Strength training with weights is more than just a way for men to build muscle and strength, as women also benefit from the workouts through reduced fat and a lowered risk for osteoporosis. Heavy lifting can be dangerous and in some cases leads to uterine prolapse -- sometimes called vaginal prolapse. The condition causes pain during sexual intercourse, as well as urination difficulties, according to the Cleveland Clinic. To prevent or avoid excaberating uterine prolapse, recognize some proven methods for lifting weights safely, and obtain your doctor’s permission before planning any exercise routine.
Weightlifting and Prolapse
Women who lift weights as part of a balanced exercise program have a better chance to stay slim, since exercise that adds muscle also rewards your body with less fat and an enhanced ability to burn calories. MayoClinic.com reports frequent heavy lifting sometimes leads to a weakening of the muscles located in your pelvic floor. Weak pelvic muscles offer insufficient support for your uterus, which causes the uterus to slip down into the vagina. Symptoms of vaginal prolapse include a heavy or tugging feeling in your pelvis, urine leakage, back pain or the feeling of an object slipping from your vagina. Severe cases of vaginal prolapse lead to ulcers and bladder prolapse.
Most women with mild cases of vaginal prolapse find relief through Kegel exercises aimed at providing increased strength to the pelvic floor muscles, according to the Cleveland Clinic. Perform a Kegel routine by tightening the muscles you use to stop the flow of urine. Keep the muscles tight for several seconds, relax and then attempt nine additional repetitions. Consider performing Kegel excercise up to four times daily, either sitting or standing.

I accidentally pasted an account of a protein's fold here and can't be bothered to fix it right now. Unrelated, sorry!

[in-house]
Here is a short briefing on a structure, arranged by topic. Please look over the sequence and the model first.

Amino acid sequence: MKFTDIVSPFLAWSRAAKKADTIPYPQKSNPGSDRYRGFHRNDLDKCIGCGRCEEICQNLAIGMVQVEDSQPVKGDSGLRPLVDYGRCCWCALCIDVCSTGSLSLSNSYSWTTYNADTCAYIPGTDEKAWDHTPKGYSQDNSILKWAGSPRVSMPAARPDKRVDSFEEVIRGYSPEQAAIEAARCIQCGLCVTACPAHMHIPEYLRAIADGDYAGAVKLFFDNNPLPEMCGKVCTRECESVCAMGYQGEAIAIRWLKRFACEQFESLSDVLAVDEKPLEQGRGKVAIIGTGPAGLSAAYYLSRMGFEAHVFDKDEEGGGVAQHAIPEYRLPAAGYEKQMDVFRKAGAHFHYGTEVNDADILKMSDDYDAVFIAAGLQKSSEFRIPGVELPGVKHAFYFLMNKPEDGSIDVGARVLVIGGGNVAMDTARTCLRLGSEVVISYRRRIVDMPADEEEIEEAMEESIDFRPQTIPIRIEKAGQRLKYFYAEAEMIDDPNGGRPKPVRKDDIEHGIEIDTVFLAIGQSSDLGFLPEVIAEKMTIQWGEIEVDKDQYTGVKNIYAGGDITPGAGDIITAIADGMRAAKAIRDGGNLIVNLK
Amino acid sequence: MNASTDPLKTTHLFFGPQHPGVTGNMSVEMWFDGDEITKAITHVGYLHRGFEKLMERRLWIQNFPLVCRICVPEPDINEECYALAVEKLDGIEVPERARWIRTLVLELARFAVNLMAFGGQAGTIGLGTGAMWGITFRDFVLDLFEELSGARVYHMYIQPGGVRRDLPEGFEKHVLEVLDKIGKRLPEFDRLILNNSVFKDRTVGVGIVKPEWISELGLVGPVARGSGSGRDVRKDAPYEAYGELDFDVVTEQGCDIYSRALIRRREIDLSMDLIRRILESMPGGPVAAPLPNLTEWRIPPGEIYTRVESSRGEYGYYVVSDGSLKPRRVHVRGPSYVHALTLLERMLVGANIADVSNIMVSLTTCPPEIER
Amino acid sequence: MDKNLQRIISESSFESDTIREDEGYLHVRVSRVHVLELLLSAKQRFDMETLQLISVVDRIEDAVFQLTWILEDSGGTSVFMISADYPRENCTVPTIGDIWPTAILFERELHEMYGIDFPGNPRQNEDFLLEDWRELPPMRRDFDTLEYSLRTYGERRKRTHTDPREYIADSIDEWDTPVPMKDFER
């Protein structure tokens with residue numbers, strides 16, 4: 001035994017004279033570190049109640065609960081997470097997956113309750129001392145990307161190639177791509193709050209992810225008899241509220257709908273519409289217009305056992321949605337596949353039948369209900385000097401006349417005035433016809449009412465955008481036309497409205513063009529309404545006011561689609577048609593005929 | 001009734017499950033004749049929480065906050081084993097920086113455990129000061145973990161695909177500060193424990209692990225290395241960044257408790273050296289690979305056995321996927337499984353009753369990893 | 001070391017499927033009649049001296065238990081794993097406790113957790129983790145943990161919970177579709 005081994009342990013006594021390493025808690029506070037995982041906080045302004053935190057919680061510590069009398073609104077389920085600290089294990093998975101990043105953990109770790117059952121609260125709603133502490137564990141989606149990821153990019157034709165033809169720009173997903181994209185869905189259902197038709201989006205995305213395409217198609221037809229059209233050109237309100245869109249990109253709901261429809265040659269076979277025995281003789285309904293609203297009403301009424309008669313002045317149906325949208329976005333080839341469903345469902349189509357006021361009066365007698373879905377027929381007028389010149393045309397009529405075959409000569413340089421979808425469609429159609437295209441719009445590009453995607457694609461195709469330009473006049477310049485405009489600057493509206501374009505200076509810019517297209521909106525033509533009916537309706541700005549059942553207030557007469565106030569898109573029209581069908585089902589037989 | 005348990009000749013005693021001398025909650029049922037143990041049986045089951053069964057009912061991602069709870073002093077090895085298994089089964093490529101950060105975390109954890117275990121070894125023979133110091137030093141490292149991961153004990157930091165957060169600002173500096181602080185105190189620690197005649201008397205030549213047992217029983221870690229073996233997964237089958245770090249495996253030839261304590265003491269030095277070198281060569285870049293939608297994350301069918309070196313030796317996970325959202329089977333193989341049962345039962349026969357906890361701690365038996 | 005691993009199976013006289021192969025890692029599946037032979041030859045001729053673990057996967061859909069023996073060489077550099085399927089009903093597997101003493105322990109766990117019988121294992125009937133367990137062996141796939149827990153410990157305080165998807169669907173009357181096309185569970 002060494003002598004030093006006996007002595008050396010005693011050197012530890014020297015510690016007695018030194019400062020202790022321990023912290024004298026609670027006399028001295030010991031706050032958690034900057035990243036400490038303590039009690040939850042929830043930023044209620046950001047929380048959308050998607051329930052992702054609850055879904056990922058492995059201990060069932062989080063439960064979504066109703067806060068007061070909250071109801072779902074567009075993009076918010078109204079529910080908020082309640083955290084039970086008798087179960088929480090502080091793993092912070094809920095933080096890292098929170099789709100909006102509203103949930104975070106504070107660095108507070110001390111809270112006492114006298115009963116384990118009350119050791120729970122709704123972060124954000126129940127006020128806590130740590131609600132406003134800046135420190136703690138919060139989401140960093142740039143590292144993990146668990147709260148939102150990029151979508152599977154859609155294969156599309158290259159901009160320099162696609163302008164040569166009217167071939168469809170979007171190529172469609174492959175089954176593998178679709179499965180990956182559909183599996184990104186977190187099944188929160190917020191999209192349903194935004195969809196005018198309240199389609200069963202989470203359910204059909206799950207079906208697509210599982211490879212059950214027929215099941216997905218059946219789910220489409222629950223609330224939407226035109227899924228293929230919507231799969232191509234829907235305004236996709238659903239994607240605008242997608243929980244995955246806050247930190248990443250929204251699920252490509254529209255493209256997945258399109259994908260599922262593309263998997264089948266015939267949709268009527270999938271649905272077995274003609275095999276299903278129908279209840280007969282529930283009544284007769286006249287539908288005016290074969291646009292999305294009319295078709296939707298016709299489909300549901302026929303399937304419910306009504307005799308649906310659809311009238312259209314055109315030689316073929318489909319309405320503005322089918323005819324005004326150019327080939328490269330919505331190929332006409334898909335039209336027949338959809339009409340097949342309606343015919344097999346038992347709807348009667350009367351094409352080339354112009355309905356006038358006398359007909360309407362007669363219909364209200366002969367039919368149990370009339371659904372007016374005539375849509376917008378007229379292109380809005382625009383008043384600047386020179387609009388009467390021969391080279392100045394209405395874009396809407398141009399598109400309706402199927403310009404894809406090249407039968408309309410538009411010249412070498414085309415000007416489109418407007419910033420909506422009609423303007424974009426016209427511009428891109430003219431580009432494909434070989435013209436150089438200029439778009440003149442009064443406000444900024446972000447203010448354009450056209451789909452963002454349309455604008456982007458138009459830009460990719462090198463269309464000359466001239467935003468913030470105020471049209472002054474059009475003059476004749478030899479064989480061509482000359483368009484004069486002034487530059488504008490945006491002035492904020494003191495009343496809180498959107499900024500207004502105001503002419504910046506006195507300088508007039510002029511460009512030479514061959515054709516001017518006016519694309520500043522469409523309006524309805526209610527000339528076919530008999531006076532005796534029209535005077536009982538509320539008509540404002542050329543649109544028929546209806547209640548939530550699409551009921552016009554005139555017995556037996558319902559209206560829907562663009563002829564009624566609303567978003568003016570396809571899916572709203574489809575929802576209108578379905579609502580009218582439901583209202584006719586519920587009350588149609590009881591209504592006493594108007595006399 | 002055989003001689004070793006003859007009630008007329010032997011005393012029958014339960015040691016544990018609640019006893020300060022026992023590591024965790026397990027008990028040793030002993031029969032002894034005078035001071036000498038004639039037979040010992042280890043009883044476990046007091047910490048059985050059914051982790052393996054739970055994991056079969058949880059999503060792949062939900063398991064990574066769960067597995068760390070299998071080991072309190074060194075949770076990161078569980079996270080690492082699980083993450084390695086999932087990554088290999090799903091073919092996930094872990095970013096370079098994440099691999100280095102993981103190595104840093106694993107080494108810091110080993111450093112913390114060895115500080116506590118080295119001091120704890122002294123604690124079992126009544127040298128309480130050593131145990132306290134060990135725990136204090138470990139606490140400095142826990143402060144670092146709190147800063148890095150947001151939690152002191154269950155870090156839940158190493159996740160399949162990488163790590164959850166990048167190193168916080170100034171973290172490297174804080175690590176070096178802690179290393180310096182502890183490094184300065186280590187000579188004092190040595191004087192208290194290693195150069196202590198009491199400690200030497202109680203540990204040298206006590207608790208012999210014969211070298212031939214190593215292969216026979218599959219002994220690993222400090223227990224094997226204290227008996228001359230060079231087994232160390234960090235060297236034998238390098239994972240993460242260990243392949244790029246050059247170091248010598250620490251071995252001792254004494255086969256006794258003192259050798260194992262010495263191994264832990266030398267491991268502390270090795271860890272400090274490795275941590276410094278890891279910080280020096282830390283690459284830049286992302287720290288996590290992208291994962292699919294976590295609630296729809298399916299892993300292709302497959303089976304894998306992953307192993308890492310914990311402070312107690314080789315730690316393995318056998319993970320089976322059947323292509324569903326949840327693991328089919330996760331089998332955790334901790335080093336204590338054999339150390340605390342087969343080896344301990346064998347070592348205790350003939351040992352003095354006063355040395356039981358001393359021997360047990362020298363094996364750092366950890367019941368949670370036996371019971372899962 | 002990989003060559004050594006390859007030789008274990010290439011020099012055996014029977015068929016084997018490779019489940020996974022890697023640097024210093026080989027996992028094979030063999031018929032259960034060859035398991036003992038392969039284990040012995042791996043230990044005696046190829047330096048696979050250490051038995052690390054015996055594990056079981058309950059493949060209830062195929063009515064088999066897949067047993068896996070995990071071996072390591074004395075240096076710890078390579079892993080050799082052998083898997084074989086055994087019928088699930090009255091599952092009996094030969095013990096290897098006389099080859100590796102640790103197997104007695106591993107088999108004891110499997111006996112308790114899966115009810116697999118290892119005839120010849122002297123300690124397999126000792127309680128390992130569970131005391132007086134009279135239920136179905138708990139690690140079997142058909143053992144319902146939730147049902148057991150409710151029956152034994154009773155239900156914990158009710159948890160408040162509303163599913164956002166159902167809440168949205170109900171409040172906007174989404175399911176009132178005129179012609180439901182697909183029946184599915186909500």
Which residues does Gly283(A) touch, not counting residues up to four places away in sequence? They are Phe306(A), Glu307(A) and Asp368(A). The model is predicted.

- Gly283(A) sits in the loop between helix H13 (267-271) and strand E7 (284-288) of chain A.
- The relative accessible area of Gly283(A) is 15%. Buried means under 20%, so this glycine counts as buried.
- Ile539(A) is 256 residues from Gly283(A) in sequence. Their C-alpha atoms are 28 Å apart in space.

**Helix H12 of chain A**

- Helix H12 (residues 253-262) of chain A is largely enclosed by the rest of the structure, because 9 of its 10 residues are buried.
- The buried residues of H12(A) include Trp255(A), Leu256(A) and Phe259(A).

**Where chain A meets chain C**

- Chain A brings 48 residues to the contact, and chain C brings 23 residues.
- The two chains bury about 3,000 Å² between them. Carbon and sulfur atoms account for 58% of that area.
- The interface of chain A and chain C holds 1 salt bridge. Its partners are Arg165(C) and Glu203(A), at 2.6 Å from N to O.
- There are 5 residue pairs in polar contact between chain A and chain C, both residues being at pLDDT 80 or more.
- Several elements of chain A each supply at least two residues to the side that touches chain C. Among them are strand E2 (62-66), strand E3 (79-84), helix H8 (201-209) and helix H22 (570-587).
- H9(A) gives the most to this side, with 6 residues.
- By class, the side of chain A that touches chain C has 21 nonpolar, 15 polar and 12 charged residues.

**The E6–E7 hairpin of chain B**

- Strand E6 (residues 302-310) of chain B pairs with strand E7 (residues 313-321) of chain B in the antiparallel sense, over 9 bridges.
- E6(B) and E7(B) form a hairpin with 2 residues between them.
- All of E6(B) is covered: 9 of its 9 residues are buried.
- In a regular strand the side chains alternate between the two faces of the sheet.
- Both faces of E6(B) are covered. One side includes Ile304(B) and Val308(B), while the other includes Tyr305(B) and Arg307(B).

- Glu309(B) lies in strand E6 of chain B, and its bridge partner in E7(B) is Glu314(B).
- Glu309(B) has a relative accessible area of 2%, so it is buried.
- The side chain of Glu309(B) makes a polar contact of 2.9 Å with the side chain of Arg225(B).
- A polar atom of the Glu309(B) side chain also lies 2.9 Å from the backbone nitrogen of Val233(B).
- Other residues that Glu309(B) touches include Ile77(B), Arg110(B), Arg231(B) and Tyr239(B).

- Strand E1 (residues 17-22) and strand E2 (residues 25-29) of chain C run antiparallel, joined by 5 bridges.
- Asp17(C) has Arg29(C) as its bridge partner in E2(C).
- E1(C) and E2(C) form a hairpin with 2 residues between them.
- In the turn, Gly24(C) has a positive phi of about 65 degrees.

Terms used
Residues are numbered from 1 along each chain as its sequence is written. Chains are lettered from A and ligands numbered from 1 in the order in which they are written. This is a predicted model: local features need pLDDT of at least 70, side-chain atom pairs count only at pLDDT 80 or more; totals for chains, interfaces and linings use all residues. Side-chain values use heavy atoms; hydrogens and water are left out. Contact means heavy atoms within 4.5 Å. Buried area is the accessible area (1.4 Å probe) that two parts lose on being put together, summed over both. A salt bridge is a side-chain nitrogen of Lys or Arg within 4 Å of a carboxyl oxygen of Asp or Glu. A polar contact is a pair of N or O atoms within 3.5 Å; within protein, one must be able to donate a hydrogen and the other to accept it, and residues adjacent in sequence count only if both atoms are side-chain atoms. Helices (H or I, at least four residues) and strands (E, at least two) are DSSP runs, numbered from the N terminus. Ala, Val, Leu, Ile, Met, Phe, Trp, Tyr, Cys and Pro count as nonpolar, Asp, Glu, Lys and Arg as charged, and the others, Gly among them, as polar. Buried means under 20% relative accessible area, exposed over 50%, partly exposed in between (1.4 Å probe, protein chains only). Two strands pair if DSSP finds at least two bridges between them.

Correct lifting technique is essential to prevent vaginal prolapse or to avoid additional weakening of your pelvic muscles if you already have the condition. MayoClinic.com suggests lifting a weight only heavy enough to allow 12 slow repetitions. Aim to lift with firm footing and a straight back, and always bend at your hips and knees. Avoid the urge to twist as you lift or to jerk a weight upward, and keep your stomach muscles as tight as possible.
Women who wish to avoid the risk of uterine prolapse but still gain the benefits of strength training typically benefit from alternative muscle-building methods. Most sporting good stores sell affordable resistance tubing. The elastic tubing builds strength and reduces fat through stretching repetitions. You’ll also tone your body by performing exercises like pushups, leg squats, abdominal crunches, situps and pullups. Alert your doctor if vaginal prolapse causes extreme discomfort or prevents you from perform your daily activities.
- Cleveland Clinic: Uterine Prolapse
- MayoClinic.com; Aerobic Exercise: Top 10 Reasons to Get Physical; February 2011
- MayoClinic.com; Strength Training: Get Stronger, Leaner, Healthier; June 2010
- National Kidney and Urologic Diseases Information Clearinghouse: Urinary Incontinence in Women; October 2007